Marc Benioff, CEO and founder of Salesforce, continued his outspoken campaign in favor of aiding the homeless Tuesday, telling the Guardian that the billionaires of the San Francisco Bay Area are “hoarding” their money.
Benioff is a strong supporter of Proposition C, a question on San Francisco’s ballot that will put additional taxes on businesses with revenue above $50 million to fund efforts to reduce homelessness. If passed, the proposition is expected to bring in up to $300 million to support affordable housing, shelters, and mental health treatment, doubling current investments.
Even though it could cost Salesforce up to $10 million in taxes annually, Benioff has already pledged $2 million of his and Salesforce’s funds to support the measure. He argues that the annual cost of Proposition C is still less than what Salesforce is saving from recent tax cuts.
Jack Dorsey, CEO of both Twitter and Square, has voiced support for San Francisco Mayor London Breed, who opposes the measure. Benioff got into a Twitter spat with Dorsey last week, demanding to know how Dorsey is helping the homeless if he doesn’t support the tax increase. Dorsey argued that while he supports efforts to help the homeless, he doesn’t believe Proposition C is the “best way to do it.”
Speaking to the Guardian Tuesday, Benioff again criticized the tech executive.
“He just doesn’t want to give, that’s all. And he hasn’t given anything of consequence in the city,” said Benioff, adding that he wasn’t surprised by Dorsey’s position. “We have 70 billionaires in San Francisco [Bay Area region]. Not all of them are giving money away. A lot of them are just hoarding it. They’re keeping it. That’s just who they are and how they look at their money.”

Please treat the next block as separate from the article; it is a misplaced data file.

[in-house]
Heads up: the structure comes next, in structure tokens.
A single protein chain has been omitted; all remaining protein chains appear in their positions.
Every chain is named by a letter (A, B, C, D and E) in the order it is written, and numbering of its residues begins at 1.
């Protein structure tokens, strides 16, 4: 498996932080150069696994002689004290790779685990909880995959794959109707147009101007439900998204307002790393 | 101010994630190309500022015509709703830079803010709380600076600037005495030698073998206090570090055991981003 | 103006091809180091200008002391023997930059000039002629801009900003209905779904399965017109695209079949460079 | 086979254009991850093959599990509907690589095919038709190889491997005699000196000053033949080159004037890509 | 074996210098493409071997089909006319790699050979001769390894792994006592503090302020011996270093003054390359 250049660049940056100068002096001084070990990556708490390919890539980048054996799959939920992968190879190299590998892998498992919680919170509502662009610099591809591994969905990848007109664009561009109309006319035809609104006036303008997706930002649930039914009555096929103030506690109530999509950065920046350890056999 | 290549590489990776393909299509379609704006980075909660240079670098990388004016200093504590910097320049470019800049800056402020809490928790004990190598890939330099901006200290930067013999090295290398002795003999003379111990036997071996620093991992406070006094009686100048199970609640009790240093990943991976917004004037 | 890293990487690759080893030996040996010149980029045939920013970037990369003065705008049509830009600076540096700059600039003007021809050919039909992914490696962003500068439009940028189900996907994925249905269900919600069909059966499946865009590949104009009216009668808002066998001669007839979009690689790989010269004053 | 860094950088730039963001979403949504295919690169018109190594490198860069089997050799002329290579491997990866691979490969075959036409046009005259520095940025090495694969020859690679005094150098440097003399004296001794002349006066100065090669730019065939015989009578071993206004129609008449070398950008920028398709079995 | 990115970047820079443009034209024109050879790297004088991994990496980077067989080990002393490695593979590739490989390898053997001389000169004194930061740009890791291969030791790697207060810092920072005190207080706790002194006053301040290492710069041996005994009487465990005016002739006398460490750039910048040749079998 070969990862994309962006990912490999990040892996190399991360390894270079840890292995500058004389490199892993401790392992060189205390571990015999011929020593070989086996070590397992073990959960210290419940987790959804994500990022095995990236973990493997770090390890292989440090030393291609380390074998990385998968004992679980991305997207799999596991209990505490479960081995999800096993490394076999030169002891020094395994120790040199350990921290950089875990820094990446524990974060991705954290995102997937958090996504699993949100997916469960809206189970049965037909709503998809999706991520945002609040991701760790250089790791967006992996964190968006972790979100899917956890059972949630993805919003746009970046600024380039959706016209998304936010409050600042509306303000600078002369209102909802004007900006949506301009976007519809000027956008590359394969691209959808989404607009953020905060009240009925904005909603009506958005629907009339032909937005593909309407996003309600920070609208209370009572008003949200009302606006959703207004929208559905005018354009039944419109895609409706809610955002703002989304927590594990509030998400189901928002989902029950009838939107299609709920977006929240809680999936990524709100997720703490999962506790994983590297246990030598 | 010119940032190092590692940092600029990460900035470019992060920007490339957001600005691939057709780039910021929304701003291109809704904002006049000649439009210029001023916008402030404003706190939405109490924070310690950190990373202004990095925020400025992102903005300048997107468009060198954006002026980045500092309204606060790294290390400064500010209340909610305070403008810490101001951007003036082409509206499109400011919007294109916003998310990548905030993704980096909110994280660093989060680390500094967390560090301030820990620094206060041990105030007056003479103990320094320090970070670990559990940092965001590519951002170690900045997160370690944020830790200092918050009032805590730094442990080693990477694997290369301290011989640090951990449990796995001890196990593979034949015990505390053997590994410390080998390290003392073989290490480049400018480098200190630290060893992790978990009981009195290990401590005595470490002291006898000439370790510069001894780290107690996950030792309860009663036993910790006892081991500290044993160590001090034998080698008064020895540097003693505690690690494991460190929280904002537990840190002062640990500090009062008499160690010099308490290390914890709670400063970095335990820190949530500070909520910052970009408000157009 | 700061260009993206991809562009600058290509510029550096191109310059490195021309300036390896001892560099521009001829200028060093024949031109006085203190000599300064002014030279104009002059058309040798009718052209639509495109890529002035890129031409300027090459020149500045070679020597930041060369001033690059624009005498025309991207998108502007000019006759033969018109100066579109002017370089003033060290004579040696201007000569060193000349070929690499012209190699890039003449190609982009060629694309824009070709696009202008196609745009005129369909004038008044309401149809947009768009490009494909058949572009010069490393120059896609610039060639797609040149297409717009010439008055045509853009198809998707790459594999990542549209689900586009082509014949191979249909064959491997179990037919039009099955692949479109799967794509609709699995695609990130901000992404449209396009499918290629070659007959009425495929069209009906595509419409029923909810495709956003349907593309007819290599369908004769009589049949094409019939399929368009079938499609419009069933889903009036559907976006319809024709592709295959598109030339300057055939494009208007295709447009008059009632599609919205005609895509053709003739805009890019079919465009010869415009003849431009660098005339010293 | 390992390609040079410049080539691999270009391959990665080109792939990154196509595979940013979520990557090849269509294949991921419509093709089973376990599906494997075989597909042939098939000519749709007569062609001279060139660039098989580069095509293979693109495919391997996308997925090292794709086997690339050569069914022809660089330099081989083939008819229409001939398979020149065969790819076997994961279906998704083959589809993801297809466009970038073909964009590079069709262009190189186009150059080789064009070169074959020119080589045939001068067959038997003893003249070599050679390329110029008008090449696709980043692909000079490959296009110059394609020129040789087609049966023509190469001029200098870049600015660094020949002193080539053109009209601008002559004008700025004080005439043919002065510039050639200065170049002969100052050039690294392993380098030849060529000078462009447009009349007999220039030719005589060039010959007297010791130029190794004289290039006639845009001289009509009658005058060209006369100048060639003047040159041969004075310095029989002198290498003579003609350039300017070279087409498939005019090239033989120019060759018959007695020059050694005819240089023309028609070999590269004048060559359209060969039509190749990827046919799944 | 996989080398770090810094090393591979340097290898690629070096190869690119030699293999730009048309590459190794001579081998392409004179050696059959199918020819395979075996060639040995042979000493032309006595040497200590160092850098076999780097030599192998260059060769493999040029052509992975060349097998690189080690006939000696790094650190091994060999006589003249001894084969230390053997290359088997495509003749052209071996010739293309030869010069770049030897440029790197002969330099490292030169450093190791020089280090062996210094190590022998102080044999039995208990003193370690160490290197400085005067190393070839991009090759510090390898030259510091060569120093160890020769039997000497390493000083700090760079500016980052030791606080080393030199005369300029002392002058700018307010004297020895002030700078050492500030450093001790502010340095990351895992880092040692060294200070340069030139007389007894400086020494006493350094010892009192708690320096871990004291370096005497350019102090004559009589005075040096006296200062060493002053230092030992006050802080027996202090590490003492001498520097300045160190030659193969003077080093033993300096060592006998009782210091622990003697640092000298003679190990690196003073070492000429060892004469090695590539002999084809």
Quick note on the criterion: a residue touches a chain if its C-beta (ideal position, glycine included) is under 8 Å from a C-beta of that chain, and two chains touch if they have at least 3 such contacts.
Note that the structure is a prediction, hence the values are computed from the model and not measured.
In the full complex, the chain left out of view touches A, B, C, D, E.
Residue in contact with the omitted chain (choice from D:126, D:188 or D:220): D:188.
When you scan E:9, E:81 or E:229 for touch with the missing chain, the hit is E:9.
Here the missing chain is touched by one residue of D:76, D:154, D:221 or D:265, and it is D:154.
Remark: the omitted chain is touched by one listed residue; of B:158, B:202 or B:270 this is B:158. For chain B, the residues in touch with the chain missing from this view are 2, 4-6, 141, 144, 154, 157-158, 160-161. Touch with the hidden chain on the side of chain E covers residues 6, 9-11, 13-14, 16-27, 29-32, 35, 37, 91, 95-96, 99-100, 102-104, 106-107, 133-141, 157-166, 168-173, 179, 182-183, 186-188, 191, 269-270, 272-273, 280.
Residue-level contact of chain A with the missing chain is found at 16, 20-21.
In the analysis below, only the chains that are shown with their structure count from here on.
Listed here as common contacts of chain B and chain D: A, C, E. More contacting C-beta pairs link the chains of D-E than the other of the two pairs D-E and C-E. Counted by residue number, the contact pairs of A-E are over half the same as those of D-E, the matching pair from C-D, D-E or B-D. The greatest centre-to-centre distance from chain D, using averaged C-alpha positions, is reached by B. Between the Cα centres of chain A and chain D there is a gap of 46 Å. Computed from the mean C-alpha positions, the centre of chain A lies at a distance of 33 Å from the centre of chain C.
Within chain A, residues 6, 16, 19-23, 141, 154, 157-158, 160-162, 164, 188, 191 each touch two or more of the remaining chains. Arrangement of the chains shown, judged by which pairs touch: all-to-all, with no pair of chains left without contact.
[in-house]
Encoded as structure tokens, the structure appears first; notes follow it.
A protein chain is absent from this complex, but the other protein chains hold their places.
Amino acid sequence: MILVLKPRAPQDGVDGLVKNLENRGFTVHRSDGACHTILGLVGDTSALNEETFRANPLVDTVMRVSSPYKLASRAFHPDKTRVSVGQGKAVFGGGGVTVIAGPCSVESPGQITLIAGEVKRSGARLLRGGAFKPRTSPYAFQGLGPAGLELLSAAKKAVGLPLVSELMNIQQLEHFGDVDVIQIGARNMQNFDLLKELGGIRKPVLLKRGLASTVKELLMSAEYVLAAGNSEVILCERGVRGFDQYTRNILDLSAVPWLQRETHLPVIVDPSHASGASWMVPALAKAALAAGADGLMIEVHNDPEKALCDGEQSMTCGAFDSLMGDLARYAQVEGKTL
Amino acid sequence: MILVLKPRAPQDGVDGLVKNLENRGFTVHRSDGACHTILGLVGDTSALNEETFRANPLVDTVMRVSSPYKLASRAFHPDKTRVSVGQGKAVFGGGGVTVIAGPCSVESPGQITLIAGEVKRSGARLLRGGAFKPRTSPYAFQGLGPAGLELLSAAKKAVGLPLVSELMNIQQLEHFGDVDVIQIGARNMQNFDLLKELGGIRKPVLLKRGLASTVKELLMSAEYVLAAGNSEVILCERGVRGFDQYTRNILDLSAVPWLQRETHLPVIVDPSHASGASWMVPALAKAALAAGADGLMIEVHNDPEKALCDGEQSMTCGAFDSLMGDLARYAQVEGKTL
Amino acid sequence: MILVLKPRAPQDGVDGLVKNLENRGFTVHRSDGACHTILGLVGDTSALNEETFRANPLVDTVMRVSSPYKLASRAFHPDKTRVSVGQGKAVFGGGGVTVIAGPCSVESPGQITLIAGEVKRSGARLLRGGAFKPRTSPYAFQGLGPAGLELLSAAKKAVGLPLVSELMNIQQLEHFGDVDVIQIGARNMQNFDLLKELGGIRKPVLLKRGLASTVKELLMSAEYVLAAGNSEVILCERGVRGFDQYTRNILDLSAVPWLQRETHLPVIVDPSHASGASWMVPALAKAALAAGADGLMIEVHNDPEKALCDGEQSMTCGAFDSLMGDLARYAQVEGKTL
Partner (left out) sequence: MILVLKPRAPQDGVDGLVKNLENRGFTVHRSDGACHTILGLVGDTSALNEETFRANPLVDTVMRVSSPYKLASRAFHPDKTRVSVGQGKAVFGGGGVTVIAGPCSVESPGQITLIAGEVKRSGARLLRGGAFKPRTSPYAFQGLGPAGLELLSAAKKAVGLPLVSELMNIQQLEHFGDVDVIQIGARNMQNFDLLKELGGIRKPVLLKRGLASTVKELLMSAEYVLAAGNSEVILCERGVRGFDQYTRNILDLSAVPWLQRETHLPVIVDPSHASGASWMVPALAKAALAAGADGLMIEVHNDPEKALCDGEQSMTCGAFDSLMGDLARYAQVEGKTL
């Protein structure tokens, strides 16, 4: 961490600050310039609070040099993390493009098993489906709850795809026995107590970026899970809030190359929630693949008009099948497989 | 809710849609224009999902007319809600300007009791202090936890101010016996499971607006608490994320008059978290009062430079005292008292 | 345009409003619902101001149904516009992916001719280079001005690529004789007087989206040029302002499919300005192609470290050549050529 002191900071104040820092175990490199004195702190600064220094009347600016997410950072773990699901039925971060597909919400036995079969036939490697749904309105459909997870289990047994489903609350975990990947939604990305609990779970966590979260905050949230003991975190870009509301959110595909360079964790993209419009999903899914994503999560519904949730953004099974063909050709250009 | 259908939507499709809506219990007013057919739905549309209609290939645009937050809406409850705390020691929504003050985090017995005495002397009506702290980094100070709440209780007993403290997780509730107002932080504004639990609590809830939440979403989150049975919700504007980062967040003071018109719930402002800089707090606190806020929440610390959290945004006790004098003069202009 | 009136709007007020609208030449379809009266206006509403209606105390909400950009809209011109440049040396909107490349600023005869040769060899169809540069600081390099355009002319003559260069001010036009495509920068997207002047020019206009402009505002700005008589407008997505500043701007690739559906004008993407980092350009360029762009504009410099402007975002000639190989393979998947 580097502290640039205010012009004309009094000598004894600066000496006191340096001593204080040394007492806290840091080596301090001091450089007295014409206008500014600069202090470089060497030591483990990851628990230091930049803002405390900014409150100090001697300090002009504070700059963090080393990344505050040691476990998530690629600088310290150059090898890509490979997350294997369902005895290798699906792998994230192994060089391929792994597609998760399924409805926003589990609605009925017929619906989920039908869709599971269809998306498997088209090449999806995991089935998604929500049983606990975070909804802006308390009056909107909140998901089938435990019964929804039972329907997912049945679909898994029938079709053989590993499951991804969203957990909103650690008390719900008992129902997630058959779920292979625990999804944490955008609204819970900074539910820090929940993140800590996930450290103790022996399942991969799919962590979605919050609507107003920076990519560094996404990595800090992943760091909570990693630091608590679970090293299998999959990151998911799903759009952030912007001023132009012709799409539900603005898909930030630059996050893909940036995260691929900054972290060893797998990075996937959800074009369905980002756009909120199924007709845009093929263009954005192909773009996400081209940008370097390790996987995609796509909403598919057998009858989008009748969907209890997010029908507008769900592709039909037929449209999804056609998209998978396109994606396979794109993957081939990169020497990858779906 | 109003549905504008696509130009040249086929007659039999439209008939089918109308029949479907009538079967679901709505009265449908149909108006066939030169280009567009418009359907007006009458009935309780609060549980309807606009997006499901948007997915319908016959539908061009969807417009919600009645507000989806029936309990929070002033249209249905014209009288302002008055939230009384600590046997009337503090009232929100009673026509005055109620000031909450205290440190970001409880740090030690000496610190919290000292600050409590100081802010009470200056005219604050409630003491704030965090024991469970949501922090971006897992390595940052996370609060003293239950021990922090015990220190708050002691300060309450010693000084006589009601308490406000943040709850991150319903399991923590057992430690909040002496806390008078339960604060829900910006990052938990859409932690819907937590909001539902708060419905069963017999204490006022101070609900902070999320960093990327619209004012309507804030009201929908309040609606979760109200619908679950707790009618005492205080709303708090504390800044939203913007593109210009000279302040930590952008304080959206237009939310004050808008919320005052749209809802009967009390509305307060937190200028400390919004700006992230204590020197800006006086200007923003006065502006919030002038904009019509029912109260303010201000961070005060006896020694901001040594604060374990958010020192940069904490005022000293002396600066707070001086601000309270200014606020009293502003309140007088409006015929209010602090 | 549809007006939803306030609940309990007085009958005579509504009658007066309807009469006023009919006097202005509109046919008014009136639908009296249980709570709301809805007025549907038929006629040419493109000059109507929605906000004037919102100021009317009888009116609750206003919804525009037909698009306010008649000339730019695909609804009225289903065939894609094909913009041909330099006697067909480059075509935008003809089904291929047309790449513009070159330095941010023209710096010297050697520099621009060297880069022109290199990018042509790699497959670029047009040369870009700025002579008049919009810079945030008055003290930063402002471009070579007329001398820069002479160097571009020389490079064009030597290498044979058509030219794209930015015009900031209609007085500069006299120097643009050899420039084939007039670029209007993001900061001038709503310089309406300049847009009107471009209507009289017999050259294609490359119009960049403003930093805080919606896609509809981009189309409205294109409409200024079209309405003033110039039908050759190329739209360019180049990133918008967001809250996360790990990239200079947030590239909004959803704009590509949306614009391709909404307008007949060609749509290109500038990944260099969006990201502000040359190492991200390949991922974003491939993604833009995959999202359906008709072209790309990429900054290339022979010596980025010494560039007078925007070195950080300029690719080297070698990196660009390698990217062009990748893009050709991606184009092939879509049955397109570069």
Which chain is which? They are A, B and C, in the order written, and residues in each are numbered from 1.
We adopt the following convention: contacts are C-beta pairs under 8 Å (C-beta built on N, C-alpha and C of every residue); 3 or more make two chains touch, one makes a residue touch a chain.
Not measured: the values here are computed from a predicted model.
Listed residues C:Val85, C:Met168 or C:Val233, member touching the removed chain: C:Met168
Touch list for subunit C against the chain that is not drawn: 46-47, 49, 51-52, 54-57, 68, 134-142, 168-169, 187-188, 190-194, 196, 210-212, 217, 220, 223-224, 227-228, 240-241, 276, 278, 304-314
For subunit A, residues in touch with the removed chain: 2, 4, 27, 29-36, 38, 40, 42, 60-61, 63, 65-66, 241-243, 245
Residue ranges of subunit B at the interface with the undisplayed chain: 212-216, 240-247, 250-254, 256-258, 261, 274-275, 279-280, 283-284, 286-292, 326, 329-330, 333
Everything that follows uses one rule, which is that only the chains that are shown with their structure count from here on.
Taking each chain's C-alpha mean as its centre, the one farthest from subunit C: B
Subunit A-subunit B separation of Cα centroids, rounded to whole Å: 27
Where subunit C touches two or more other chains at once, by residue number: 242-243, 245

“This is a critical moment where I think Prop C kind of illuminates who is willing to be a San Franciscan and actually support our local services,” he continued.
Benioff also attacked the payment platform Stripe, another San Francisco-based tech company opposed to Proposition C because it lacks a “comprehensive plan.” According to the Guardian, Stripe has given more than $400,000 to a campaign fighting the proposition.
“It’s the most money they’ve ever given to anything in San Francisco, so that’s exciting,” Benioff told the Guardian. “[Prop C] will be a direct tax on Stripe that they don’t want to have to pay. Even though they’ve made $20 billion dollars in San Francisco, they’re not willing to give back at scale. Isn’t that amazing?”
At the WIRED25 summit in San Francisco Monday, Benioff gave some insight into why he feels the homelessness issue is so important.
“San Francisco is amazing,” he said at the event, according to CNBC. “We have these incredible companies and entrepreneurs, innovation and technology, but we cannot separate ourselves from others. We have to get back to the feeling that we are one, and we are responsible for the city that we are living in and growing our businesses in.”